Chaouki T. Abdallah obtained his Bachelors of Engineering from Youngstown State University in 1981, and his Masters and Ph.D. in Electrical Engineering from the Georgia Institute of Technology in 1982, and 1988 respectively. He joined the Electrical and Computer Engineering (ECE) department at The University of New Mexico (UNM) where he is currently professor of Electrical & Computer Engineering. Between 2001 and 2005 he was the associate chair for graduate affairs at ECE. Between 2005 and 2011, he was the ECE department chair prior to his becoming the provost and executive vice president of academic affairs of UNM on July 2011, a position he held until December 2016. The Board of Regents appointed him acting president of UNM on January 1, 2017.
Professor Abdallah was the first recipient of ECE’s Lawton-Ellis Award for combined excellence in teaching, research, and student/community involvement. Professor Abdallah also received the school of engineering senior research excellence award in 2004, and was the ECE Gardner-Zemke Professor between 2002 and 2005. He served as director of ECE’s graduate program from 1999 through 2005. Dr. Abdallah was a visiting professor at the Universita Degli Studi di Roma, Tor Vergata, Rome, in 2005. He has published eight books (three as co-editor and five as co-author) and more than 300 peer-reviewed papers, and his current h-index (as of December 2016) stands at 34. As provost, he has assembled a team (one senior vice provost and three associate provosts) to improve student success focusing on underprepared and underrepresented students. Within 5 years, under his leadership, UNM has increased the first-year retention rates by 6 %, the four-year graduation rate by 7 %, and the six-year graduation rate by 5 %. The team has also designed and implemented degree-plan software that allows current and potential students to investigate and track their coursework progress. He also shepherded the design and implementation of an Honors college that has since increased the number of high-achieving students attending UNM by more than 20%. The student success team also led a collaborative effort with the faculty senate and academic units participation to reduce the minimum required credit hours for Bachelors degrees from 128 to 120 effective in Fall 2014. During his tenure as provost, he has also increased the ranks of Tenure Track faculty by around 10%, and led three equity salary adjustment programs that helped around 1/3 of the UNM faculty. He also led the development and implementation of a long-range Academic plan and initiatives in 2011.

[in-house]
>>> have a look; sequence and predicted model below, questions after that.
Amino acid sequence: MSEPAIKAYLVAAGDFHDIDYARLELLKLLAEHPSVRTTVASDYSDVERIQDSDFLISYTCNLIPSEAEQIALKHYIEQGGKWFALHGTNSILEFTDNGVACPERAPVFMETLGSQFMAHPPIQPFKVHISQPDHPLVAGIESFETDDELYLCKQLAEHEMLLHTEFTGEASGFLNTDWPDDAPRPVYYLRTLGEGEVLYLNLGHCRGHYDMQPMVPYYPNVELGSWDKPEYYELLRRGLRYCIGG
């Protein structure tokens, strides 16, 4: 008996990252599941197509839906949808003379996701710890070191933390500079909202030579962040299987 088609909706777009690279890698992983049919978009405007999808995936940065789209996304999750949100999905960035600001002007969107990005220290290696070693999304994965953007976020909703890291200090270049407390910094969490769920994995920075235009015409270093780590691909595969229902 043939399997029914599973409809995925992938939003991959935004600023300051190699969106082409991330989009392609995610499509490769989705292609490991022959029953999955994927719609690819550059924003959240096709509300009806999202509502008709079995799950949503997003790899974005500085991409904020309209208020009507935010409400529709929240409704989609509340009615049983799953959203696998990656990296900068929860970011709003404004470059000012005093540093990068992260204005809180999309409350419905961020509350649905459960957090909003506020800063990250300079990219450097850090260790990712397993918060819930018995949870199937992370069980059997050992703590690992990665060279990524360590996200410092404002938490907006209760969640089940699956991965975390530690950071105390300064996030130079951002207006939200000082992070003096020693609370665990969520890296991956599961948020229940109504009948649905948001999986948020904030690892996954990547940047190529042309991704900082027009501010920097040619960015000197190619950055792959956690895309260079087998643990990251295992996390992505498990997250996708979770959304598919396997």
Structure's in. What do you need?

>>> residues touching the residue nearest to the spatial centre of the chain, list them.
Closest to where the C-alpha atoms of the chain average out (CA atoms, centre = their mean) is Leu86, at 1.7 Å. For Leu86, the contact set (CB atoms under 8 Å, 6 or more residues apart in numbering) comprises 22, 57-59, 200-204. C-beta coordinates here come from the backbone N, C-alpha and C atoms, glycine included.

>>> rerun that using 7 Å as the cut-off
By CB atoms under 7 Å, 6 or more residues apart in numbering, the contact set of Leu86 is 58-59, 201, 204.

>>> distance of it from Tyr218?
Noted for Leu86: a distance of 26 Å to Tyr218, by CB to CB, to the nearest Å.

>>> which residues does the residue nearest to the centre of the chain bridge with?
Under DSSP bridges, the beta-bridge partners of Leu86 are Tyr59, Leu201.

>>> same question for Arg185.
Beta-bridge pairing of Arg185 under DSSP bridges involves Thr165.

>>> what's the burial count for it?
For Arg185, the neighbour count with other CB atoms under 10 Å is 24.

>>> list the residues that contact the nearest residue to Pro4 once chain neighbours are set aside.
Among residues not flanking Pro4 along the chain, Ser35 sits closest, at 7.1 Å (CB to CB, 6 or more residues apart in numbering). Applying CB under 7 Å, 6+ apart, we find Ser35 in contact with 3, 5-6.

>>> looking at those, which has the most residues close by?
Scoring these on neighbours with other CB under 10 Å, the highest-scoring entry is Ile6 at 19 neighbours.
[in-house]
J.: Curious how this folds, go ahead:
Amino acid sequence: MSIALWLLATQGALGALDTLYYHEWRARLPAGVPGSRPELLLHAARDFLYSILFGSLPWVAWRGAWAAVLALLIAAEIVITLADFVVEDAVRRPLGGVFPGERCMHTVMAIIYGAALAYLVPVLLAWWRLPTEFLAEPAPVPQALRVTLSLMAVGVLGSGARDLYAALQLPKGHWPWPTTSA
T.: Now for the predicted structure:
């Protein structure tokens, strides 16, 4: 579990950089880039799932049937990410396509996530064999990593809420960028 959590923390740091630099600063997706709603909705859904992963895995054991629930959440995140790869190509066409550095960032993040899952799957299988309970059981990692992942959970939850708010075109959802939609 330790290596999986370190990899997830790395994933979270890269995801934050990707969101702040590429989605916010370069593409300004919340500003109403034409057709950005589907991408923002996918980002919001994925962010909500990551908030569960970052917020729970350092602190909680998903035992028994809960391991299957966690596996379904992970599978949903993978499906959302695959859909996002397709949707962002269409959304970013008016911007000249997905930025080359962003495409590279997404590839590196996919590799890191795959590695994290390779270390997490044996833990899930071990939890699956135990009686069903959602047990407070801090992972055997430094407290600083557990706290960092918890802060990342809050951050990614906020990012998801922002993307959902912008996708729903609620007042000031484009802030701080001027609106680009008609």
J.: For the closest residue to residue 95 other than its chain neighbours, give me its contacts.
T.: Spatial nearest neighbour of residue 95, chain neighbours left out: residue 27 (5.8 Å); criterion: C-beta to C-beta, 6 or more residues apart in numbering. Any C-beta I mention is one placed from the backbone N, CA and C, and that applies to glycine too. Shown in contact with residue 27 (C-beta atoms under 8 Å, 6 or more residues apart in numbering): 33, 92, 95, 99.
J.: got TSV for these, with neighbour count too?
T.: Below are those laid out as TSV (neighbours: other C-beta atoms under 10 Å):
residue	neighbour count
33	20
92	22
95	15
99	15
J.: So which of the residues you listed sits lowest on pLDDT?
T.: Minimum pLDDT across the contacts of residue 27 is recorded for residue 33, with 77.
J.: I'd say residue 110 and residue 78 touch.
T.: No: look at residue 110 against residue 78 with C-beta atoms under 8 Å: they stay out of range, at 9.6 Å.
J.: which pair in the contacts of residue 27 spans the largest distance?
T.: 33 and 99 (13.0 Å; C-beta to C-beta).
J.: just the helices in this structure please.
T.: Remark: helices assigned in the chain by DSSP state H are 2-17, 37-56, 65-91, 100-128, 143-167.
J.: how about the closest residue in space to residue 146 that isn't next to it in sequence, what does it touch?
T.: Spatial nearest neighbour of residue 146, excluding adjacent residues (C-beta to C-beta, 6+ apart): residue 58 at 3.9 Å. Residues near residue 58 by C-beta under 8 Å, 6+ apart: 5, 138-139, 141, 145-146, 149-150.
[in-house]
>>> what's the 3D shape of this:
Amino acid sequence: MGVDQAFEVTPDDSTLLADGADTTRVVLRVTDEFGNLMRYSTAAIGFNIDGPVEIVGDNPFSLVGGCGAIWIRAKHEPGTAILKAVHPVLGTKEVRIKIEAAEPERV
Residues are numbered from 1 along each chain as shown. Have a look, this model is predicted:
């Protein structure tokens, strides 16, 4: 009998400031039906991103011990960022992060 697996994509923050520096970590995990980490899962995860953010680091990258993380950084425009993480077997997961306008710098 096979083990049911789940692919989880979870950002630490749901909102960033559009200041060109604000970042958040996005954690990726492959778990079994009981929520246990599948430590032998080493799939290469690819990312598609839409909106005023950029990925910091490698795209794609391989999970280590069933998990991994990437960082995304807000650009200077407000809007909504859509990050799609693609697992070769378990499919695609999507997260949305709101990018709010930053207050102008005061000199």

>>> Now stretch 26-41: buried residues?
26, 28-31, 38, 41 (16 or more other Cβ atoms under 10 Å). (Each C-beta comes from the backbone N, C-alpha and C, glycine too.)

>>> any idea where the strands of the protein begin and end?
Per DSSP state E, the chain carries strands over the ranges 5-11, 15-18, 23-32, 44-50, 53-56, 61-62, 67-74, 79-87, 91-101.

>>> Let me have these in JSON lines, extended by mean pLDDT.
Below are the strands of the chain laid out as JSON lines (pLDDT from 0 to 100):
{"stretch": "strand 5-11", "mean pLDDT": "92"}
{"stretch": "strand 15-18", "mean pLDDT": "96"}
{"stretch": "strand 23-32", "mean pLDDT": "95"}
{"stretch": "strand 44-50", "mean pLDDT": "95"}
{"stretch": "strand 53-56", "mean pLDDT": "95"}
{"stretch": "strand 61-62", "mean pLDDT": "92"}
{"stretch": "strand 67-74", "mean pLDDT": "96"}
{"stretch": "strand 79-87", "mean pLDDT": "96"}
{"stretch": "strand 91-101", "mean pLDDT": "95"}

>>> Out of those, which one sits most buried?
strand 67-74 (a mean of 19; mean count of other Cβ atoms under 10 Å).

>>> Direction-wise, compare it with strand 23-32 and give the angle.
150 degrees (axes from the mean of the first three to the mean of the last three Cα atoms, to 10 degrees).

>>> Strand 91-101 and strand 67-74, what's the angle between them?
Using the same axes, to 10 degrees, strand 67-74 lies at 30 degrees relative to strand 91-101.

Professor Abdallah continues to conduct research and to teach courses in the general area of systems theory with focus on control, communications, and computing systems. His research has been funded by NSF, AFOSR, NRL, national laboratories, and by various companies. He served as the general chair of the 2008 CDC, the premier IEEE conference in Decision & Control, which was held in Cancun, Mexico. Professor Abdallah is a senior member of IEEE and a recipient of the IEEE Millennium medal that was awarded in the year 2000 to 1% of the IEEE members. Professor Abdallah is fluent in English, French, and Arabic.